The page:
It depends on how the insurance companies of each driver sees it. You both could be charged with "undue care and attention", or the person backing out did so in a hurry and hit you, it would be their fault. If they hit you on the side any part of your car such as a back fender (meaning you were well out of your stall and they just backed into you) it's their fault.
In many state jurisdictions, such as Georgia, police are required on the scene. Although, many time an incident such as this occurs on private property and a police officer is unable to issue a citation. However, they can issue a police report of the incident. many times this is used by insurance companies to establish fault. If fault cannot be established then each insurer would default to their own coverage.
Mark Link, PC
Depends on the jurisdiction, but typically, two vehicles backing up is a 50/50.
The person who is backing out of the parking space
both of you for not looking back
the car backing out.
You are at fault. You are backing out of a space and you must yield the right of way to the other vehicles traveling in the aisle.
Parking sensors are for the driver to be able to tell a proximity of other vehicles and objects around the car. This is a helpful tool if backing out of tight spaces and places that have a lot of things scattered around the vehicle.
A vehicle traveling in a parking lot has established use of the lane and the right of way. A vehicle in a parking space and backing into the lane must yield to oncoming traffic. Therefore, if a vehicle is backing out of a parking space and pulls into the path of an oncoming vehicle that has already established the lane, the vehicle backing would be at fault for the accident. However, if the vehicle which established use of the lane had an opportunity to avoid hitting the vehicle backing out of the space and failed to do so, there could be comparative negligence on both vehicles or on the one who had the opportunity to avoid the accident.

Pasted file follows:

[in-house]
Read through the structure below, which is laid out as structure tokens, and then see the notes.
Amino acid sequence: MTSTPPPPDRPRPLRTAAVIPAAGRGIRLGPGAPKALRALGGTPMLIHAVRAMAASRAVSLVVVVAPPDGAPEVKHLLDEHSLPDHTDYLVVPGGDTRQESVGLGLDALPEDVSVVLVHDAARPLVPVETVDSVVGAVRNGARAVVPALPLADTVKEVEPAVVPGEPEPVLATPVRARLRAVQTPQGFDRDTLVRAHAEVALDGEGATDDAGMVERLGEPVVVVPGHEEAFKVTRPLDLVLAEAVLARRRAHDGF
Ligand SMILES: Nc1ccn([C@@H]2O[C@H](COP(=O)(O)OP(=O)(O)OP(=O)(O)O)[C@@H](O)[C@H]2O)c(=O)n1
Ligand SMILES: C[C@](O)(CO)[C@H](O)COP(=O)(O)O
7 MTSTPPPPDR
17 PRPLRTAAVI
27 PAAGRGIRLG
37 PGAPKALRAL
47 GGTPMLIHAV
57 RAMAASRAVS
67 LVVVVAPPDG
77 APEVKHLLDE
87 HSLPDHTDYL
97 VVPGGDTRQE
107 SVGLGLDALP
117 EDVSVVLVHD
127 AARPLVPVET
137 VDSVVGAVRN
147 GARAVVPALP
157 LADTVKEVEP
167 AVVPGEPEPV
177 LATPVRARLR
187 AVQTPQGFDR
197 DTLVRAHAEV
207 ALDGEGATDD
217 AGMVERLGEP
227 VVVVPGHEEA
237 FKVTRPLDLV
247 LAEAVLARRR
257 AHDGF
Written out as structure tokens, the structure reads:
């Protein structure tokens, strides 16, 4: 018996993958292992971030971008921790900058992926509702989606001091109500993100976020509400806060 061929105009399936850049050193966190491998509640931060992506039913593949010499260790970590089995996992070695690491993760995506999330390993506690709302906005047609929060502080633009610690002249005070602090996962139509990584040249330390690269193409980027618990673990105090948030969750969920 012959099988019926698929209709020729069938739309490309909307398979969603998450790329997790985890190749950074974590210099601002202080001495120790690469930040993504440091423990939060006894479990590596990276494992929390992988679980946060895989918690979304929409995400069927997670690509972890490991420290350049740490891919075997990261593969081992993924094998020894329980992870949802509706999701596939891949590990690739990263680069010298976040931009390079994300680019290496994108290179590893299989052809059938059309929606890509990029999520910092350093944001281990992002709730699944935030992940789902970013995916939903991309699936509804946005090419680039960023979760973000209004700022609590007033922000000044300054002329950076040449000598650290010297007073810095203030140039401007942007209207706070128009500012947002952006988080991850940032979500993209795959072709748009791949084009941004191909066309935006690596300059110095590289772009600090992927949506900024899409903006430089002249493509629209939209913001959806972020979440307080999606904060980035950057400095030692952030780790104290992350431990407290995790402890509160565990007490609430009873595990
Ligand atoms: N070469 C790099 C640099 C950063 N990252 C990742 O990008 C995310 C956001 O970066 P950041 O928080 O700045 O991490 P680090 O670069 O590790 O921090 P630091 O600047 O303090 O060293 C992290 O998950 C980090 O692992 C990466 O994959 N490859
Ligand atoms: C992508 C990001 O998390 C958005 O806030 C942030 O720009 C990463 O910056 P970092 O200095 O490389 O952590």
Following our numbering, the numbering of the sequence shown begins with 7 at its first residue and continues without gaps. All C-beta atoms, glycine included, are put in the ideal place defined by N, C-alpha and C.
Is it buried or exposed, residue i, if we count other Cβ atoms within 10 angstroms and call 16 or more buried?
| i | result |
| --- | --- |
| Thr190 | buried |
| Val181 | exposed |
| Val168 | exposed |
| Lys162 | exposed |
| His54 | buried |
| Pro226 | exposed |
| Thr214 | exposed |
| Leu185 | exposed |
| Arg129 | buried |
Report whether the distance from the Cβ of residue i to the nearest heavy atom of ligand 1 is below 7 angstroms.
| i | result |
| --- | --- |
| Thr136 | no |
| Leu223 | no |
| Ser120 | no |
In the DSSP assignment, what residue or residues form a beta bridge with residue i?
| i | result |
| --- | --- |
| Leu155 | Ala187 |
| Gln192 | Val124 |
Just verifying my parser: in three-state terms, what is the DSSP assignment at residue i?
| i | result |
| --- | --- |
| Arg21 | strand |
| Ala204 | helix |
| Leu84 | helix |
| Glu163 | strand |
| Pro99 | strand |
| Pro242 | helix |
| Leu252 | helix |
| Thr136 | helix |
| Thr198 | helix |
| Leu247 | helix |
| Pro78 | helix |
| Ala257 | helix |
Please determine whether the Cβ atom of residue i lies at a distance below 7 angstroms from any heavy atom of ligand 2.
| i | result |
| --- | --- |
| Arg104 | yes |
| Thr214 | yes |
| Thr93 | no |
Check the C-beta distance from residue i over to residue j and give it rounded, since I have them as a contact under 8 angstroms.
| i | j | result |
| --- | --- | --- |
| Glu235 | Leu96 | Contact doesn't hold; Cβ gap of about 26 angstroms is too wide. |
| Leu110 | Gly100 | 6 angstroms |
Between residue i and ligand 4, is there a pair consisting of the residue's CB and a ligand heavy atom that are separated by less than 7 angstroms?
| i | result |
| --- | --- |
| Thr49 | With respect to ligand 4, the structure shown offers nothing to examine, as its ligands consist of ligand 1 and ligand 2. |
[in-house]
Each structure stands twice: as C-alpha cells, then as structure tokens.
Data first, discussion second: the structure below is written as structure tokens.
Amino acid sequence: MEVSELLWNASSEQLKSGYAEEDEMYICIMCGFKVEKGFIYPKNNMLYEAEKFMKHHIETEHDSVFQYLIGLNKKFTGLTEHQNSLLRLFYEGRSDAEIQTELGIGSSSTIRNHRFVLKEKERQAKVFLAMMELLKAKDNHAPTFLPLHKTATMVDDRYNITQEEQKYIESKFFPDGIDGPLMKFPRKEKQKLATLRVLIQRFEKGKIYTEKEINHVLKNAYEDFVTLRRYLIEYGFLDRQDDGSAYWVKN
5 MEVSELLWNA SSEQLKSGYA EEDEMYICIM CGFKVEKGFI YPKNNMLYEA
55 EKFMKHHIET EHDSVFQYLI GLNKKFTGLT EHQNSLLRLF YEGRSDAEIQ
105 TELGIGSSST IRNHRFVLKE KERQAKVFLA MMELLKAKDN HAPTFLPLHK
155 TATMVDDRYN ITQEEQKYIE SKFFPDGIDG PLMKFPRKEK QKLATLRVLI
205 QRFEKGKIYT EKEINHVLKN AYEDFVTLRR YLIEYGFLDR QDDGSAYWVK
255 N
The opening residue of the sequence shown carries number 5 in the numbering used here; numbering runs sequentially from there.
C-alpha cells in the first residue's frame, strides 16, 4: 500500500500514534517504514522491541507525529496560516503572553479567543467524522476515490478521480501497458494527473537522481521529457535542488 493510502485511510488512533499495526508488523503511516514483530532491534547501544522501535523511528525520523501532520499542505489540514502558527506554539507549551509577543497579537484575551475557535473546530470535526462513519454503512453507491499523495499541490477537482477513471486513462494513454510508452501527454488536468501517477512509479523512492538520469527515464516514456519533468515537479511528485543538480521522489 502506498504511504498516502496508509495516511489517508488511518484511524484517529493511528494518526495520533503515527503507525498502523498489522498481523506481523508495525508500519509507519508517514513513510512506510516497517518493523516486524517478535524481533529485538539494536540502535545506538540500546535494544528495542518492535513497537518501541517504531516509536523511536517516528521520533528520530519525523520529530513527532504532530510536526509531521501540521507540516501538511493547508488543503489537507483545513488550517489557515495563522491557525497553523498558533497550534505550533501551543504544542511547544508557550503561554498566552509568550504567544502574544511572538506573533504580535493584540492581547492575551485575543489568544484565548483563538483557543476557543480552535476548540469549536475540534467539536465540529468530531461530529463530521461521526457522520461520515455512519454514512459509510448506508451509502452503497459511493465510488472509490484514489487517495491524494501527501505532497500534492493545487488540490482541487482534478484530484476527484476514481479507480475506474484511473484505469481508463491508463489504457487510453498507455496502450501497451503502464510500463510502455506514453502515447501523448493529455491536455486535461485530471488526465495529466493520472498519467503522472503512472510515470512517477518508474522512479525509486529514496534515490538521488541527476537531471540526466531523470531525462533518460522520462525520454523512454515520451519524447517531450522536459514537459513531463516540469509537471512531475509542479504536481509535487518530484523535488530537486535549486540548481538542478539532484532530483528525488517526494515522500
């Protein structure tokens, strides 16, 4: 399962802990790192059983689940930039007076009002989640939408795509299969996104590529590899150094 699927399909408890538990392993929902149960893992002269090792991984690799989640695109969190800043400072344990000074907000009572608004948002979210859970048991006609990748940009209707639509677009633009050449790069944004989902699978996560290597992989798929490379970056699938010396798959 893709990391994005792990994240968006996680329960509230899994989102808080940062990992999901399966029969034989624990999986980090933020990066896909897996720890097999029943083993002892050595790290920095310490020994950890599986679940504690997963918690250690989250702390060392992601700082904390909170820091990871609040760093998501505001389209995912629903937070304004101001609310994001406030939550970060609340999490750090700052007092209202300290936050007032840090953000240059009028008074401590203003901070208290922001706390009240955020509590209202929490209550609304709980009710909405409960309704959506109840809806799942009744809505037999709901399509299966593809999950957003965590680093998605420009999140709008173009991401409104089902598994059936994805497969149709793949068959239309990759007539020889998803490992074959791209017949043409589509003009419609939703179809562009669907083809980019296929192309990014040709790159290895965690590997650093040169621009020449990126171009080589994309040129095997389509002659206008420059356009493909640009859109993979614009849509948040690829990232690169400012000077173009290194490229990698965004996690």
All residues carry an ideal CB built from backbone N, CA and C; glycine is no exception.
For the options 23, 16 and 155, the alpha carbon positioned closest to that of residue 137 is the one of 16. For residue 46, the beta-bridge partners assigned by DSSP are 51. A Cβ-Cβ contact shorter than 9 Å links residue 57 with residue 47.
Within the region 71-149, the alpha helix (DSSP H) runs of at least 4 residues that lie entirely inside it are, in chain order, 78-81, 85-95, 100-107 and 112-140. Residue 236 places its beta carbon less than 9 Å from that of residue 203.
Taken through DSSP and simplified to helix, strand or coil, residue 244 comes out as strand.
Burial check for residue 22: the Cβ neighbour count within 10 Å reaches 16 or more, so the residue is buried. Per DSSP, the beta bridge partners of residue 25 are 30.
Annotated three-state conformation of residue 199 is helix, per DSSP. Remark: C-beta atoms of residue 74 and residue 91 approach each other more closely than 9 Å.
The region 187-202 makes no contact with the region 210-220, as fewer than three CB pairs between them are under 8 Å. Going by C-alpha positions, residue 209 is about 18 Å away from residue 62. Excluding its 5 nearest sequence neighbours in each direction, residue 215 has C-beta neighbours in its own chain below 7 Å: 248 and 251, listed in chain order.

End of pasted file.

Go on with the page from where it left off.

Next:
Both of you are probably at fault. If you see another person backing you should stop and signal the other driver if possible. Otherwise stop and wait until that driver completes his backing maneuver.Added: It is the obligation of the backing driver to ascertain that his movement does not interfere with any other vehicles. In this instance, you both apparently failed to do so.
You are. Improper backing.
it is not the trucks falt because the carstopped behind the truck when they new it was pulling out
The person backing out. If you were in the lane/road behind them they needed to use caution when backing out.
The car that is reversing out of the parking.
The person backing out.
Any time the driver who is backing is at fault, in all 50 states.
If it only happens when backing up, you may have the parking brake engaged.
The person at fault would be the one backing into a parking space. Because they are going to look at it as, your supposed to pull into the parking space front first, not backing in. So it would be your fault. But I'm sure that both of you would get a ticket or something else, because they hit you, and you are violating parking lot conduct.
back their vehicles into parking spaces to assist in ease of leaving the parking lot.
there are no such things in vehicles - must have mistaken for "parking lights", which are used when parking in a dark/shaded street after dusk
flush parking or un reserved parking
If you strike him - you are at fault. He can be charged with the No Parking violation but YOU are charged with the collision.
It has parking for 20,000 vehicles.
On the newer vehicles, you push the parking brake down to release the parking brake. Older vehicles have a release handle on the lower left side of the dashboard.
Generally, the person backing out is at fault. If you are both backing out you're probably both at fault and will probably share the cost of repair, with each repairing their own. yes because you were backing out and they hit your car its their fault!!!!!!! yes because you were backing out and they hit your car its their fault!!!!!!!
You need to practice backing up slowly in a deserted place with a curb that is out of the way of other moving vehicles, perhaps the outer limits of a mall parking lot. Repeated practice will give you a sense of when your car is near the curb.
The driver backing up. Unless you can prove the other car was driving unsafly.